Hey everyone! I’m Anusha from the blog Fish & Bull. I love dreaming up DIY projects for my home, which I share with my college sweetheart. When I got my art degree I never imagined I would be using it for home decor, but I’m a DIY addict for life. If there’s one thing I know, it’s that you don’t need a lot of time, money or skill to have a beautiful home that you love.
If you’re anything like me, then you’re always looking for cute shelving ideas to display your plants and tiny collectables. DIY triangle shelves are a great way to display those little trinkets and photos that clutter up your space, and you can arrange them on your walls however you like. My shelves are 2″ deep for small items, but you can make your shelves wider to hold more things. These DIY shelves are a quick little building project for beginners that you can whip up on a weekend. I have zero carpentry skills so if I can do it, so can you!
For my DIY triangle shelves, I used knotty cedar because I liked the warm tone of the wood (and the name), but you can use any wood you prefer, like pine. For 3 triangle shelves, I bought 2 blocks of knotty cedar that measured 1″ x 2″ x 8′ and had a little left over. You’ll need a mitre saw to build these shelves, so borrow one from a friend — I had my guy cut it for me at his work studio.
+ Mitre Saw
+ Wood (I used knotty cedar)
+ Measuring tape
+ Wood Glue
- Measure the wood into (3) 12″ pieces and mark with a pencil.
- On the mitre saw, cut the wood on a 30 degree angle. Flip the wood over 180 degrees and cut it again at a 30 degree angle.
- Once you have all your wood pieces cut, lay out the triangle shelf in the configuration you like and mark with a pencil 1/2″ from the edge where your nails will go.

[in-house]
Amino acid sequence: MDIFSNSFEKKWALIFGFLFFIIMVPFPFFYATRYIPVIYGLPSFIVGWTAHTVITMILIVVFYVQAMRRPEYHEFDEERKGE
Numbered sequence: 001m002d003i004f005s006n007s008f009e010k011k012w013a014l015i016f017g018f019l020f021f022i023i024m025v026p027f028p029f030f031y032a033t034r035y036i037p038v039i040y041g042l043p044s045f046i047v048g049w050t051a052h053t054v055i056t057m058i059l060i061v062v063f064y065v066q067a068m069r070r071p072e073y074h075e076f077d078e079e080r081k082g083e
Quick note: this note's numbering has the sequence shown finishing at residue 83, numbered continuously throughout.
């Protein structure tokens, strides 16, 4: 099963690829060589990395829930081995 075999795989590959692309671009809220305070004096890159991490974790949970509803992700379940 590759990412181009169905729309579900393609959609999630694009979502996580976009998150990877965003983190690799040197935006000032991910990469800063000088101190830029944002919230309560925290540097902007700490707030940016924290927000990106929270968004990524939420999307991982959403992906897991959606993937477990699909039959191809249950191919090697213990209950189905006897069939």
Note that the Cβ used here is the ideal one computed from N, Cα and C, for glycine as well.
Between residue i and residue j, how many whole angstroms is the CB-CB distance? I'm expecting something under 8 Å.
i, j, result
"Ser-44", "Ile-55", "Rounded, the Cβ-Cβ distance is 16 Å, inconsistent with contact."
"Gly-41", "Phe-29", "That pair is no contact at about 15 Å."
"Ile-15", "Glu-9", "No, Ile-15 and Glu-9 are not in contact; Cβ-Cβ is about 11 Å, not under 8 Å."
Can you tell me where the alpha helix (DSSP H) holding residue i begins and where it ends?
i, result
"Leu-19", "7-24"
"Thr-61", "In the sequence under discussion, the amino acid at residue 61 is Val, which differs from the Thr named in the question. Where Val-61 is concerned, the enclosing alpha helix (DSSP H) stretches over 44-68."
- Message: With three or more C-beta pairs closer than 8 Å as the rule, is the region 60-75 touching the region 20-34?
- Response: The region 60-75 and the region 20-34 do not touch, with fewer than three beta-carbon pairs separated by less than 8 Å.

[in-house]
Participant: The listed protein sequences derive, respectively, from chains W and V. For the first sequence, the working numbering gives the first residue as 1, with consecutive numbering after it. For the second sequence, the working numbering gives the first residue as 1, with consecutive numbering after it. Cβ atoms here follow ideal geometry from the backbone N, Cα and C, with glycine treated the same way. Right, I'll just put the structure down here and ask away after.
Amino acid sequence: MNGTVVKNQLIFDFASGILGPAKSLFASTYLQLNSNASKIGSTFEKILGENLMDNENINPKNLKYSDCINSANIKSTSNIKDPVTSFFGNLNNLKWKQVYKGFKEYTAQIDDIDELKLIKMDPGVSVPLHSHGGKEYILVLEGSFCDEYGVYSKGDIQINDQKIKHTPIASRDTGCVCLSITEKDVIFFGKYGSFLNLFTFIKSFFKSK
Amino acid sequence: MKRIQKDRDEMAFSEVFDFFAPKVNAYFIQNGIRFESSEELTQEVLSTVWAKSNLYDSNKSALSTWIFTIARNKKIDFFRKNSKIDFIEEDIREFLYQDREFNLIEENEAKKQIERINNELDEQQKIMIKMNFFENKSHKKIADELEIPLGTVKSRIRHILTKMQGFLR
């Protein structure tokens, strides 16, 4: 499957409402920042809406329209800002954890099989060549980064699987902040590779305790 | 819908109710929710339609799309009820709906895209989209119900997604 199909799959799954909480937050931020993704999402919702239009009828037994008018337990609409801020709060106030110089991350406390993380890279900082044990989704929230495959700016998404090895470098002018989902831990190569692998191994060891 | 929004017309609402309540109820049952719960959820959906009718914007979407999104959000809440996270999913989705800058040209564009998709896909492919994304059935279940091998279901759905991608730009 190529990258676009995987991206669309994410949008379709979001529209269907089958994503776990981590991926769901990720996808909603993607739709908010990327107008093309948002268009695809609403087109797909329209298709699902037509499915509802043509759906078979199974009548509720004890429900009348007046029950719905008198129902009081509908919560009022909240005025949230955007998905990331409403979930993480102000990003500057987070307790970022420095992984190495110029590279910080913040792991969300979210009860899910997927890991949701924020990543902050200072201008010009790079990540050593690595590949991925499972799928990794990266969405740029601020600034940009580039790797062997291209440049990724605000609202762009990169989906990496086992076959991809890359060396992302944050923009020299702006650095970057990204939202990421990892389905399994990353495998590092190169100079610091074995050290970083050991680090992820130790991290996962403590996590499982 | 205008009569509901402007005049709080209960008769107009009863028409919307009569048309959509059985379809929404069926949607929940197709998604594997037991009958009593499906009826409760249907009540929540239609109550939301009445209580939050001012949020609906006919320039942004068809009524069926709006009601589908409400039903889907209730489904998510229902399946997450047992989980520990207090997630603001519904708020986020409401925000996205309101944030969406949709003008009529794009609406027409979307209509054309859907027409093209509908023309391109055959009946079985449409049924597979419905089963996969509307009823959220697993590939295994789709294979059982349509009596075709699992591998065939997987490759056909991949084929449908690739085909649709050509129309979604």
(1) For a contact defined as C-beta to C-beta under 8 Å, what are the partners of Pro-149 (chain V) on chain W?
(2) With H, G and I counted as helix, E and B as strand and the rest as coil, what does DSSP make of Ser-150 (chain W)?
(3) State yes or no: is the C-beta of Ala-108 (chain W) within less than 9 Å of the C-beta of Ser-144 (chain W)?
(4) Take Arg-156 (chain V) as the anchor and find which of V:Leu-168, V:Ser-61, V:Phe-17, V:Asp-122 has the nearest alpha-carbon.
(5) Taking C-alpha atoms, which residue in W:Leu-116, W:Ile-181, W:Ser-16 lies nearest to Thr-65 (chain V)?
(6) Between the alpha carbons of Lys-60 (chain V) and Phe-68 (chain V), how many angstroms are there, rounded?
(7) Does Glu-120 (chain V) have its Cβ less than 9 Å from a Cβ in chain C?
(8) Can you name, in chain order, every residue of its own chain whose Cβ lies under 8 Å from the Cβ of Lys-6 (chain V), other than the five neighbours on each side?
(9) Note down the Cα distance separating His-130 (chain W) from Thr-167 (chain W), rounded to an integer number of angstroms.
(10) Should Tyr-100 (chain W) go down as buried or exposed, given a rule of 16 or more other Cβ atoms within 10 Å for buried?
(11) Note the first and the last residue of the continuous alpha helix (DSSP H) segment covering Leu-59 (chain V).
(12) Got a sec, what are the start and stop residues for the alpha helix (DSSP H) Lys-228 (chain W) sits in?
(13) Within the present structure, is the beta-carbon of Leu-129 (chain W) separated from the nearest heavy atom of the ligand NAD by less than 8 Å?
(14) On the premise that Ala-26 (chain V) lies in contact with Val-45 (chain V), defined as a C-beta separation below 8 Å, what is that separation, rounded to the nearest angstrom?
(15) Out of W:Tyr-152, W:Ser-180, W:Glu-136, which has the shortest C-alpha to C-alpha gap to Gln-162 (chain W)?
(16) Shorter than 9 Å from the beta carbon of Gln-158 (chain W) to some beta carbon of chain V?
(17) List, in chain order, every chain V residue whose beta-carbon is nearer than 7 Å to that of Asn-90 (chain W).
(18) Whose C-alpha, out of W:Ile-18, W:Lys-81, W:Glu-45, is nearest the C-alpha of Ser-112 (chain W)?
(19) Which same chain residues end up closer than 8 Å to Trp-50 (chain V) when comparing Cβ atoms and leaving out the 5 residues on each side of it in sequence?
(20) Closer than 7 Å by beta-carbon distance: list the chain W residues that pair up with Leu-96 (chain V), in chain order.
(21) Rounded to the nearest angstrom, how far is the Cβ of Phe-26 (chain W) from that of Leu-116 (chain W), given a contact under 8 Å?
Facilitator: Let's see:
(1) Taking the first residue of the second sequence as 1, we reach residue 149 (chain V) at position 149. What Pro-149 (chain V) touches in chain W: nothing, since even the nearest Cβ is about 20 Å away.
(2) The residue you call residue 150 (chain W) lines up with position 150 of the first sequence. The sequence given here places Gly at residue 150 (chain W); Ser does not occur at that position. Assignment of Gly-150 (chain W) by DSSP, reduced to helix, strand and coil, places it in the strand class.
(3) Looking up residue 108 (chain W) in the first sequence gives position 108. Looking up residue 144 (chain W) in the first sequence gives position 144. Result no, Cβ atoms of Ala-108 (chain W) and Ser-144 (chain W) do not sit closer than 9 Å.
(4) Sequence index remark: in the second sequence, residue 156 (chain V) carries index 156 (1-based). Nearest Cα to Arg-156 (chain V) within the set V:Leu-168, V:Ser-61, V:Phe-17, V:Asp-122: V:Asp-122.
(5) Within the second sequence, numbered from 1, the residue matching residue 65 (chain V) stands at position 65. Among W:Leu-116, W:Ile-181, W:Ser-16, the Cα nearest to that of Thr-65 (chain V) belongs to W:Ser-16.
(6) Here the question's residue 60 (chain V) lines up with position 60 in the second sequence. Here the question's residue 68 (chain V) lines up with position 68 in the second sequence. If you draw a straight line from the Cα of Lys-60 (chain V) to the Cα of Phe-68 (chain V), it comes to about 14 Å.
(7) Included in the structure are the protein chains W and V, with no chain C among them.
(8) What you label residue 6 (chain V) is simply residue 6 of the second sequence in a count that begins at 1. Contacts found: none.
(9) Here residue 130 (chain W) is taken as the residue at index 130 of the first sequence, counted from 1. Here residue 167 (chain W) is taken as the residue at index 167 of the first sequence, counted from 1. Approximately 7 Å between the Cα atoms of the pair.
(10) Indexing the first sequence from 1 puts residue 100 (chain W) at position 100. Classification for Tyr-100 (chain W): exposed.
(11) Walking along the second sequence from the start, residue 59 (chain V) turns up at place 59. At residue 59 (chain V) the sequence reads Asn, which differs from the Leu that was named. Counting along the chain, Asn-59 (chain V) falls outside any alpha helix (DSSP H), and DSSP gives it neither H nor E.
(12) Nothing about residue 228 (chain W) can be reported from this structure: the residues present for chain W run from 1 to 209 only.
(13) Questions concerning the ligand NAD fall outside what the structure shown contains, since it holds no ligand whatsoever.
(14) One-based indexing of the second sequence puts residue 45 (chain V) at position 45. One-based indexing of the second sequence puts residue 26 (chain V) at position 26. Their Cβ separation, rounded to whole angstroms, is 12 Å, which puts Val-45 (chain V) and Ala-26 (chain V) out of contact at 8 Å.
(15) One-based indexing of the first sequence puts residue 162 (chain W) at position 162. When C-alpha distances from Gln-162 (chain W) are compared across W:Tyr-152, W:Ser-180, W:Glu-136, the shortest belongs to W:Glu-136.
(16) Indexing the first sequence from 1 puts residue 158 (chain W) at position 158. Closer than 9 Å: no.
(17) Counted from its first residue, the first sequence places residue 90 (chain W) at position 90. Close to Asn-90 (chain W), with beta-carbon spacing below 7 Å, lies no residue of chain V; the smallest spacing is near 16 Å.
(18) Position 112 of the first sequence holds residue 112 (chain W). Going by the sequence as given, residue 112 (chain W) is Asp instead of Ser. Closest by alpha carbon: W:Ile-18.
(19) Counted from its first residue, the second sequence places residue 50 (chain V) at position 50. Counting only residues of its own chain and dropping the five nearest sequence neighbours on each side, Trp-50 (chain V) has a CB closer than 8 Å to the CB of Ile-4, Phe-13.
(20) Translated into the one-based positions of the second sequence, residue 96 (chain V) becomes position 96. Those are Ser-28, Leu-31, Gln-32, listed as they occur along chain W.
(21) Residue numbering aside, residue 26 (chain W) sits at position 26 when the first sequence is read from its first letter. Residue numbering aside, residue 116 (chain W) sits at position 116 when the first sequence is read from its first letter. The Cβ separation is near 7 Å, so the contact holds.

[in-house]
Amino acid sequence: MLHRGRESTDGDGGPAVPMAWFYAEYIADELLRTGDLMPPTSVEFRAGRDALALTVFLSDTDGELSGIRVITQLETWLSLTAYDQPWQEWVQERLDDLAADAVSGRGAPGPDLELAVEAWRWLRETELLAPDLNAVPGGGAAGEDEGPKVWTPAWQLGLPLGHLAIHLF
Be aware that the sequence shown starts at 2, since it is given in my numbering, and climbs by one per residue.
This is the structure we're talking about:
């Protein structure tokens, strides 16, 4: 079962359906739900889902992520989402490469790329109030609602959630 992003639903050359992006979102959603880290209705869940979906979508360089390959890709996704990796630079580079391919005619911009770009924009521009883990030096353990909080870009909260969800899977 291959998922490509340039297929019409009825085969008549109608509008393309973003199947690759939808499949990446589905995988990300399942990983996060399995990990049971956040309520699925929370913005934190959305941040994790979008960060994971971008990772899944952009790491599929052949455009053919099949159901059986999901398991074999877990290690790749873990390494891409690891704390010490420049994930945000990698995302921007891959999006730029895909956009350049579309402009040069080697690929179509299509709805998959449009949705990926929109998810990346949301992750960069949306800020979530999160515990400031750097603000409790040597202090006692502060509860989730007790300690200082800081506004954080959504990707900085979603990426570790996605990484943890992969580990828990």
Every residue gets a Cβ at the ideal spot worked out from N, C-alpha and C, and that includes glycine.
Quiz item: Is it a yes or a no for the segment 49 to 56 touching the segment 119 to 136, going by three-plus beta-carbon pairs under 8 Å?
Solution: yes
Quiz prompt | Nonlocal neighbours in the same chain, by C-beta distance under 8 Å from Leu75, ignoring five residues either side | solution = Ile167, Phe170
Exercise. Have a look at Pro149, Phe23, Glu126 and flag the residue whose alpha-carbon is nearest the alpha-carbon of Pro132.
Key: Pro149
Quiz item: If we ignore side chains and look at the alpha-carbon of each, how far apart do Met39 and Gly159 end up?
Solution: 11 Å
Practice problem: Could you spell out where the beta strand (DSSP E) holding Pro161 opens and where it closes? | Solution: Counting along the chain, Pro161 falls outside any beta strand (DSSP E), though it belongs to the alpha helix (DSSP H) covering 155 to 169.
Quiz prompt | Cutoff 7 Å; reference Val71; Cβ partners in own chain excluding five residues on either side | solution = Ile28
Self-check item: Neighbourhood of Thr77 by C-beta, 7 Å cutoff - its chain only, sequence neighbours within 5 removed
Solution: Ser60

- Pre-hammer 2 nails into each piece of wood. This will make it much easier to nail the shelf sides together. (If you have a nail gun, you can skip this step.)
- Add wood glue to the end and glue two pieces together. You don’t need to wait for the glue to set as this will take hours and will fall apart if you nail it after it’s dried (trust me, I’ve tried).
- Nail the wood blocks together. I did this against a wall to keep the wood from shifting. It’s also way easier if you have someone else hold the pieces together for you while you hammer away to keep the blocks from shifting. If the sides don’t align perfectly, don’t panic!
- Repeat for the remaining two sides of the shelf.
- Clean up any excess glue with a wet washcloth or a damp Q-tip for tight corners.
- Finally, using sandpaper, clean up any edges that aren’t aligned perfectly to get a nice sharp edge. For easy sanding, wrap sandpaper around a scrap block of wood and use that as your sanding tool.
You can finish the shelves with a clear coat of varnish, paint or wood stain, but I kept my shelves bare for that warm cedar look. To hang up the shelves on your wall, use one nail in the top corner of the triangle shelf.